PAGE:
Headache may be a secondary symptom to other disease processes, some of which may be life threatening. Identification of patients presenting with secondary headache is key to early intervention with this population.

In an adult primary care headache study 39 percent of patient's symptoms were from a systemic disorder (i.e. fever, hypertension, etc.) and 5 percent were due to a neurologic disorder. Sinusitis is commonly misdiagnosed as the cause of headache with up to 90% of patients actually having migraine.

In children, headache is rarely associated with a serious secondary disorder. In the ED secondary headache is commonly associated with viral syndrome. In the primary care setting 1.1% of patients were diagnosed with a secondary headache and 79.7% with no diagnosis.



References:
  1. Serious neurological disorders in children with chronic headache.
    Abu-Arafeh I, Macleod S,
    Arch. Dis. Child. 2005 Sep;90(9):937-40.
  2. Headaches in a pediatric emergency department: etiology, imaging, and treatment.
    Kan L, Nagelberg J, Maytal J,
    Headache 2000 Jan;40(1):25-9.
  3. Headache etiology in a pediatric emergency department.
    Burton LJ, Quinn B, Pratt-Cheney JL, Pourani M,
    Pediatr Emerg Care 1997 Feb;13(1):1-4.
  4. Sinus headache or migraine? Considerations in making a differential diagnosis.
    Cady RK, Schreiber CP,
    Neurology 2002 May;58(9 Suppl 6):S10-4.
  5. Headache in children in Dutch general practice.
    van der Wouden JC, van der Pas P, Bruijnzeels MA, Brienen JA, van Suijlekom-Smit LW,
    Cephalalgia 1999 Apr;19(3):147-50.
  6. What happens to new-onset headache in children that present to primary care? A case-cohort study using electronic primary care records.
    Kernick D, Stapley S, Campbell J, Hamilton W,
    Cephalalgia 2009 Dec;29(12):1311-6.
  7. Etiology and distribution of headaches in two Brazilian primary care units.
    Bigal ME, Bordini CA, Speciali JG,
    Headache 2000 Mar;40(3):241-7.

4 Tension headaches

Tension headaches are a mild to moderate intensity headache that may last from 30 min to a few days. They are usually non-throbbing in character, but other symptoms (photophobia or phonophobia) may overlap with migraine. As opposed to migraine tension headaches, they are rarely accompanied with nausea/vomiting or worsen with physical activity. Although the cause of tension headache is not clearly known it is thought they are secondary to exaggerated pain response in susceptible individuals.

Treatment of intermittent, infrequent tension headaches is primarily supportive-emotional and NSAIDs. Validation of stressors, bio-feedback and non-medical interventions may be useful in the management of acute and frequent episodes. Patients with frequent or chronic tension headache may require further medications which should be discussed with a neurologist.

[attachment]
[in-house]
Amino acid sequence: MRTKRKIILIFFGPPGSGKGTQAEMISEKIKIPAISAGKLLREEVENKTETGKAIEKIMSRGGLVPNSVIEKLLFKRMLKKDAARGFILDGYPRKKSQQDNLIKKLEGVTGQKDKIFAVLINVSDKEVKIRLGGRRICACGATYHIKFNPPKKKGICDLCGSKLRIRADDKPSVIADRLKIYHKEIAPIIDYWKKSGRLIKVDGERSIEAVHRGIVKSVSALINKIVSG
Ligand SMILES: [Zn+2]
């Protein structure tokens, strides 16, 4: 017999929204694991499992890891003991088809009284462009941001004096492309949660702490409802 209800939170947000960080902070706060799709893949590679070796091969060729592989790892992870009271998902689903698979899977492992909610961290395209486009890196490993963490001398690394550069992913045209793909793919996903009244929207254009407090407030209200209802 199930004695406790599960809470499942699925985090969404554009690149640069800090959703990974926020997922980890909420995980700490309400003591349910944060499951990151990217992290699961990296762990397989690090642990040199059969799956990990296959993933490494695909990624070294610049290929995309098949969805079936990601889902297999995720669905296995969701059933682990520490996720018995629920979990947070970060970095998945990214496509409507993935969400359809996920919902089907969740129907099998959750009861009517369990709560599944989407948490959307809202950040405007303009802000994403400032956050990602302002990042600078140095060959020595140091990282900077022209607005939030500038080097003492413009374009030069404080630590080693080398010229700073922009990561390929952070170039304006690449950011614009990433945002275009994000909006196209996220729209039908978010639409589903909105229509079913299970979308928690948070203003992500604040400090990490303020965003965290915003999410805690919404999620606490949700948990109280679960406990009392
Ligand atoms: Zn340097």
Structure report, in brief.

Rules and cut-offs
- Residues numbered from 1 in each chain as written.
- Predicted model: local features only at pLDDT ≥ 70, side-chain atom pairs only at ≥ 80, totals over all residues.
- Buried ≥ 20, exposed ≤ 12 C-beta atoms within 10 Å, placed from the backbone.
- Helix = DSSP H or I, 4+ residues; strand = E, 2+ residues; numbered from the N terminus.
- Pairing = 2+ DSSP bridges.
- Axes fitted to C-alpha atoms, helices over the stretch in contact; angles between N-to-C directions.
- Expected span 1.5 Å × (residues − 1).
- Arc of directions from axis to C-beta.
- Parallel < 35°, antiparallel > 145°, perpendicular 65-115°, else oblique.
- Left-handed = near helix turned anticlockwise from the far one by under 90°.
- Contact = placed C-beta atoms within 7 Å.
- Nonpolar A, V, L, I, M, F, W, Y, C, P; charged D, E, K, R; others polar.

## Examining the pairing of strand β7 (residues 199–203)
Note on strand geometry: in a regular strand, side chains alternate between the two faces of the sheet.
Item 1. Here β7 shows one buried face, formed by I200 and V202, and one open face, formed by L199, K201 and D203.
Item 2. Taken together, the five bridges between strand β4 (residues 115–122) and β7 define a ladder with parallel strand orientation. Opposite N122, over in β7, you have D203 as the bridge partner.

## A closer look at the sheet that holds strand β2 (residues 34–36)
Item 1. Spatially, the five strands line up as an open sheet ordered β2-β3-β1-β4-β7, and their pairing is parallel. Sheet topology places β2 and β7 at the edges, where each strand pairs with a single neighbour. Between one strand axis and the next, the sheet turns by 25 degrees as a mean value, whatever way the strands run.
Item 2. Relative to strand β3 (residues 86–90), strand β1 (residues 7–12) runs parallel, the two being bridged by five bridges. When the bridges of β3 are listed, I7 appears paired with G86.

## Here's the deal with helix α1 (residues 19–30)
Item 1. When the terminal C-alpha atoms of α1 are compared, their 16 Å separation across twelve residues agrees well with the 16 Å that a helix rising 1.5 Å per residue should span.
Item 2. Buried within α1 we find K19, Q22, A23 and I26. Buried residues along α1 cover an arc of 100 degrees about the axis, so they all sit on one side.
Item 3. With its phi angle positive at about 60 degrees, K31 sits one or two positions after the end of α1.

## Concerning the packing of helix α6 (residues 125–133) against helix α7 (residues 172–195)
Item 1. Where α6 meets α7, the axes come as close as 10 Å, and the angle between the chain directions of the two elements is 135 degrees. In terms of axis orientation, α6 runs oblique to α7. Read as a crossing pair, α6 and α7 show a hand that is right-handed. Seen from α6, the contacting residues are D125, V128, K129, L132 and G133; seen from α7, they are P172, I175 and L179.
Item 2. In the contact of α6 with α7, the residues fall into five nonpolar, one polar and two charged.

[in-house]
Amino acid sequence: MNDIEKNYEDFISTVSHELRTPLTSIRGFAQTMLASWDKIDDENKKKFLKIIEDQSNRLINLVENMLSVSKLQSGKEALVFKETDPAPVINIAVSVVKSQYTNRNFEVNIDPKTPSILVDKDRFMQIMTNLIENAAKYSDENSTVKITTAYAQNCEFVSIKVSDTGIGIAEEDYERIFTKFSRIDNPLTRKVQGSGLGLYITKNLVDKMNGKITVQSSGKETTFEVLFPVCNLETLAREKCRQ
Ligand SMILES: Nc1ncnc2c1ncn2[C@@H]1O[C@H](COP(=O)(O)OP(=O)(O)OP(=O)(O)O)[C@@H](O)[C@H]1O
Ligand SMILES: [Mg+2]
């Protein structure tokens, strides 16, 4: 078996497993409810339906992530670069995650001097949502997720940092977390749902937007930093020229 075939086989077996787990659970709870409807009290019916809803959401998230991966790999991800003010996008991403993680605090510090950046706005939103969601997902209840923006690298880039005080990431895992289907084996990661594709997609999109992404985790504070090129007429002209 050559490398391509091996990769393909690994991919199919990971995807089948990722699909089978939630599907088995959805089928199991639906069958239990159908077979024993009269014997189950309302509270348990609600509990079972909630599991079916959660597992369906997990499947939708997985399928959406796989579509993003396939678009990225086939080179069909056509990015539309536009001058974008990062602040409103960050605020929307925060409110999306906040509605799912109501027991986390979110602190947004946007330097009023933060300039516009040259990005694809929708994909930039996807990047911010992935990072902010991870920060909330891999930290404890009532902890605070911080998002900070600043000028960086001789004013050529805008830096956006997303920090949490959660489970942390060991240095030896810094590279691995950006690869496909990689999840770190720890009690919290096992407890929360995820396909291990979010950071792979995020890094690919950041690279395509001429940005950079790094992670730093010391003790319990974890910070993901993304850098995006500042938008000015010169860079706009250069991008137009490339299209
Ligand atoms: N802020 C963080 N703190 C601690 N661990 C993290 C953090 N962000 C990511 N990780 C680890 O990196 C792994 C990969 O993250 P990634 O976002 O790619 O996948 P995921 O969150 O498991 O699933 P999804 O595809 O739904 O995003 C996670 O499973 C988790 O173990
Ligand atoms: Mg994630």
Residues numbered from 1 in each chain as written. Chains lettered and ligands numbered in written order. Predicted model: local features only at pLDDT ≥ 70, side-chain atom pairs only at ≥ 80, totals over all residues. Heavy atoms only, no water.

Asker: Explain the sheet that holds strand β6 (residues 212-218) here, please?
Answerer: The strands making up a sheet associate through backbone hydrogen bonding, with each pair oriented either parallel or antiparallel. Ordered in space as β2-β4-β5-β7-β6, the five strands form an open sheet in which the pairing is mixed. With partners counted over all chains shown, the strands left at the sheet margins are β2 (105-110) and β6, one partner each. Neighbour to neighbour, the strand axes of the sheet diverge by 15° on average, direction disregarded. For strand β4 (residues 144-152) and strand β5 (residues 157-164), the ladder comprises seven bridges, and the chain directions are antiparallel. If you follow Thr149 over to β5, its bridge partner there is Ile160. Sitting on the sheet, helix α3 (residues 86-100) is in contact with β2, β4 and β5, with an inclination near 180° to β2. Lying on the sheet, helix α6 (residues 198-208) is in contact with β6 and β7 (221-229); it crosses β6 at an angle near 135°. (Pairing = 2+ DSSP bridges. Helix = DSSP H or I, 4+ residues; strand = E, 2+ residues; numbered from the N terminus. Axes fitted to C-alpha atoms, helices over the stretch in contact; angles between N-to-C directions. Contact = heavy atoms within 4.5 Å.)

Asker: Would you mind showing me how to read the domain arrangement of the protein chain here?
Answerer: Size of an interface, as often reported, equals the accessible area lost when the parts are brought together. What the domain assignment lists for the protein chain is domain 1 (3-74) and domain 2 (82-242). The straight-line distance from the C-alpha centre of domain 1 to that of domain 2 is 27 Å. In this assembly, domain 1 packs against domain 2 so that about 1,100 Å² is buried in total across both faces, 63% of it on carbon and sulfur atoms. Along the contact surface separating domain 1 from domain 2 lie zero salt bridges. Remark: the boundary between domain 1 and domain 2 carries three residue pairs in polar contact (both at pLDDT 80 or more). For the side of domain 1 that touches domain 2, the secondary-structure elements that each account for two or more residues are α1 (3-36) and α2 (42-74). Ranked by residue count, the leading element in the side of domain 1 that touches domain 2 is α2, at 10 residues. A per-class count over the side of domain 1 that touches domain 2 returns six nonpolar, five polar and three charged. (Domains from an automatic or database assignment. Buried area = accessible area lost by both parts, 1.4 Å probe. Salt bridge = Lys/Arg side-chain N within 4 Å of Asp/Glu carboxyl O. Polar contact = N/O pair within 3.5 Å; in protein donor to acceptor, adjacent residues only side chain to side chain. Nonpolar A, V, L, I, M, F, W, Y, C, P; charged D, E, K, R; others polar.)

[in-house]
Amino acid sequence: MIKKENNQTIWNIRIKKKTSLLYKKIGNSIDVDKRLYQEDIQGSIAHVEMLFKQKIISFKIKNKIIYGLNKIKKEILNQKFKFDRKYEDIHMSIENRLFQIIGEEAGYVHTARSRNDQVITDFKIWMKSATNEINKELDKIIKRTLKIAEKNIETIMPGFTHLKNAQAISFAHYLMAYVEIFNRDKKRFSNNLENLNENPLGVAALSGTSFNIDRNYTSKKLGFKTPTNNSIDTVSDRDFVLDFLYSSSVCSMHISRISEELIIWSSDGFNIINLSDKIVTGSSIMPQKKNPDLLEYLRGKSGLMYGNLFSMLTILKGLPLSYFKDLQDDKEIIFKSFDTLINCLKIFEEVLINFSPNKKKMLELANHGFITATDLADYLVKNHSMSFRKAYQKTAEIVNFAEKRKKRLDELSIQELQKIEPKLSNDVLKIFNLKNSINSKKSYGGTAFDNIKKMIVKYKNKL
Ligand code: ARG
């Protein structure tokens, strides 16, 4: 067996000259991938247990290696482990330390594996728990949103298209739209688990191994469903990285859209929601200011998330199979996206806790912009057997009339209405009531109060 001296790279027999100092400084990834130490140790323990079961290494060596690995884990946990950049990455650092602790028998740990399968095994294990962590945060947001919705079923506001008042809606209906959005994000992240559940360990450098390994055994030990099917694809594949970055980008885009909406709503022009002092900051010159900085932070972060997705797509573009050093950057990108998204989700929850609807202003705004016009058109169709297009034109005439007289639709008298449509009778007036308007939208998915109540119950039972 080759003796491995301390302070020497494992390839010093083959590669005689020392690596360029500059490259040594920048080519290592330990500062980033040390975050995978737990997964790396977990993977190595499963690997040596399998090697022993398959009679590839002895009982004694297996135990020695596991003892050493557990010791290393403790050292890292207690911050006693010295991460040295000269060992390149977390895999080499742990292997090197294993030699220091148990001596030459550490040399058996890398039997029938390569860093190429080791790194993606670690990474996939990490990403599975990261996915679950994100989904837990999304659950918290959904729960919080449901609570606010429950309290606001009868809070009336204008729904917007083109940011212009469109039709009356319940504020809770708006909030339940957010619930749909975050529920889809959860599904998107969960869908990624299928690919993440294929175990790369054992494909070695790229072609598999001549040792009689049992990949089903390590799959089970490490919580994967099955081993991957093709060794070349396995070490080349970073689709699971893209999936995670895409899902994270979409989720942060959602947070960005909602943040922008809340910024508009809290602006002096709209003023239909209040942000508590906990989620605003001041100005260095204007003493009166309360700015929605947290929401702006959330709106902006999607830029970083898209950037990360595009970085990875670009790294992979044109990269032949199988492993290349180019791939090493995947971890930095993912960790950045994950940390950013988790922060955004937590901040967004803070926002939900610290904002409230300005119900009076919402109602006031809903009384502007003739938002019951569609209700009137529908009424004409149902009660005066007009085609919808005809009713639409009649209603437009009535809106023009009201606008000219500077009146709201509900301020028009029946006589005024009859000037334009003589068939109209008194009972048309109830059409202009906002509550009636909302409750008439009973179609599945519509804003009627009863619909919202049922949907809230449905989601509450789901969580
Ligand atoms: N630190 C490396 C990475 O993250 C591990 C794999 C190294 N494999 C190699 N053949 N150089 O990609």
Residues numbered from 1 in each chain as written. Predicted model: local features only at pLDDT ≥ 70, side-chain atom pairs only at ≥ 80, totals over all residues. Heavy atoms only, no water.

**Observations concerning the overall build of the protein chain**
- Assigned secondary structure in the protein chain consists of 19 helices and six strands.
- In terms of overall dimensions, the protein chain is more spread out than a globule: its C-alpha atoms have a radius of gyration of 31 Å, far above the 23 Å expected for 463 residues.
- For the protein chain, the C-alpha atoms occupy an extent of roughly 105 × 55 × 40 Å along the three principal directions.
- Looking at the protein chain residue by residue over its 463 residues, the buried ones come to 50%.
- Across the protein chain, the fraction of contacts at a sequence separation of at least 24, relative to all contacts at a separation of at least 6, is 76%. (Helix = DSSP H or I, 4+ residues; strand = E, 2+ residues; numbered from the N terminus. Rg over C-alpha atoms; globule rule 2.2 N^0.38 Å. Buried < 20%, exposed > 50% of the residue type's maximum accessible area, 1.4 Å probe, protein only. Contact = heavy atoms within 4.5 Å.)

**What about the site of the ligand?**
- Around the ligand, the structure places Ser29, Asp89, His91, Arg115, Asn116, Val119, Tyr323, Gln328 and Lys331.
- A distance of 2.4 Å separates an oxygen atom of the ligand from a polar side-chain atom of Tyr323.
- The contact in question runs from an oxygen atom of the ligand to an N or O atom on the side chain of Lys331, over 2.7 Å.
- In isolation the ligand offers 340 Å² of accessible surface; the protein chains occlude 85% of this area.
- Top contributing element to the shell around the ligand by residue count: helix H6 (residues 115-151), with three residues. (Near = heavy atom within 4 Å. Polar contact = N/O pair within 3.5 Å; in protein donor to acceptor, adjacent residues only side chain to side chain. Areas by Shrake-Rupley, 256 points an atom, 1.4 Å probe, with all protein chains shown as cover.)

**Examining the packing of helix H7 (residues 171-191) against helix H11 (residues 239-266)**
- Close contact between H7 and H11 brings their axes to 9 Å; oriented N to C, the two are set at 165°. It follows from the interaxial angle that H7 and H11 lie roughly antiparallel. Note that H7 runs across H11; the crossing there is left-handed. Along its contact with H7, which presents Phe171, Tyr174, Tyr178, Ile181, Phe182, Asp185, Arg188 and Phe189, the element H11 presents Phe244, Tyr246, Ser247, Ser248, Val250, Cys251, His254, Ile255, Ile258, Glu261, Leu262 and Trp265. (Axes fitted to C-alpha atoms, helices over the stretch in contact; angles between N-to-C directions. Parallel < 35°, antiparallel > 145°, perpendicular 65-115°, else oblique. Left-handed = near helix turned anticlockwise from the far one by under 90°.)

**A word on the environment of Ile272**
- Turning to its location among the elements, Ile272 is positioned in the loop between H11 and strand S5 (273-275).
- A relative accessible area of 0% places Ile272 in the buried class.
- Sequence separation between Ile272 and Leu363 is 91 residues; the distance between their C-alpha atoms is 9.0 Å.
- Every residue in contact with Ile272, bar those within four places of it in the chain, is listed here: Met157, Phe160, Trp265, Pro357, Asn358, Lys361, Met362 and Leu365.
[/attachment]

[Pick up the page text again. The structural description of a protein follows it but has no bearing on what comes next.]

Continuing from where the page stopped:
Of note, chronic use of NSAIDs may result in medication overuse headache and should be discussed with the patient.



References:
  1. The history, epidemiology, and classification of headaches in childhood.
    Scheller JM,
    Semin Pediatr Neurol 1995 Jun;2(2):102-8.
  2. An epidemiologic study of headache among children and adolescents of southern Brazil.
    Barea LM, Tannhauser M, Rotta NT,
    Cephalalgia 1996 Dec;16(8):545-9; discussion 523.
  3. The International Classification of Headache Disorders, 3rd edition (beta version).

    Cephalalgia 2013 Jul;33(9):629-808.
  4. Migrainous disorder and headache of the tension-type not fulfilling the criteria: a follow-up study in children and adolescents.
    Zebenholzer K, Wber C, Kienbacher C, Wber-Bingl C,
    Cephalalgia 2000 Sep;20(7):611-6.
  5. Bilateral, wide-spread, mechanical pain sensitivity in children with frequent episodic tension-type headache suggesting impairment in central nociceptive processing.
    Fernndez-de-Las-Peas C, Fernndez-Mayoralas DM, Ortega-Santiago R, Ambite-Quesada S, Gil-Crujera A, Fernndez-Jan A,
    Cephalalgia 2010 Sep;30(9):1049-55.
  6. Generalized mechanical nerve pain hypersensitivity in children with episodic tension-type headache.
    Fernndez-Mayoralas DM, Fernndez-de-las-Peas C, Ortega-Santiago R, Ambite-Quesada S, Jimnez-Garca R, Fernndez-Jan A,
    Pediatrics 2010 Jul;126(1):e187-94.
  7. Applicability of the 1988 IHS criteria to headache patients under the age of 18 years attending 21 Italian headache clinics. Juvenile Headache Collaborative Study Group.
    Gallai V, Sarchielli P, Carboni F, Benedetti P, Mastropaolo C, Puca F,
    Headache 1995 Mar;35(3):146-53.
  8. Pain experience of children with headache and their families: A controlled study.
    Aromaa M, Sillanp M, Rautava P, Helenius H,
    Pediatrics 2000 Aug;106(2 Pt 1):270-5.
  9. Myth: Ibuprofen is superior to acetaminophen for the treatment of benign headaches in children and adults.
    Manzano S, Doyon-Trottier E, Bailey B,
    CJEM 2010 May;12(3):220-2.
  10. Solubilized ibuprofen: evaluation of onset, relief, and safety of a novel formulation in the treatment of episodic tension-type headache.
    Packman B, Packman E, Doyle G, Cooper S, Ashraf E, Koronkiewicz K, Jayawardena S,
    Headache;40(7):561-7.
  11. Risk of development of medication overuse headache with nonsteroidal anti-inflammatory drug therapy for migraine: a critically appraised topic.
    Starling AJ, Hoffman-Snyder C, Halker RB, Wellik KE, Vargas BB, Dodick DW, Demaerschalk BM, Wingerchuk DM,
    Neurologist 2011 Sep;17(5):297-9.
  12. Patterns of medication use by chronic and episodic headache sufferers in the general population: results from the frequent headache epidemiology study.
    Scher AI, Lipton RB, Stewart WF, Bigal M,
    Cephalalgia 2010 Mar;30(3):321-8.

5 Contraindications to triptans

Although several studies have shown that triptans are generally safe, the limited evidence has created the enviroment where most bodys do not recommend triptans for patients with: pregnancy, ischemic heart disease, Prinzmetal's angina, stroke, uncontrolled hypertension, hemiplegic migraine or basilar migraine.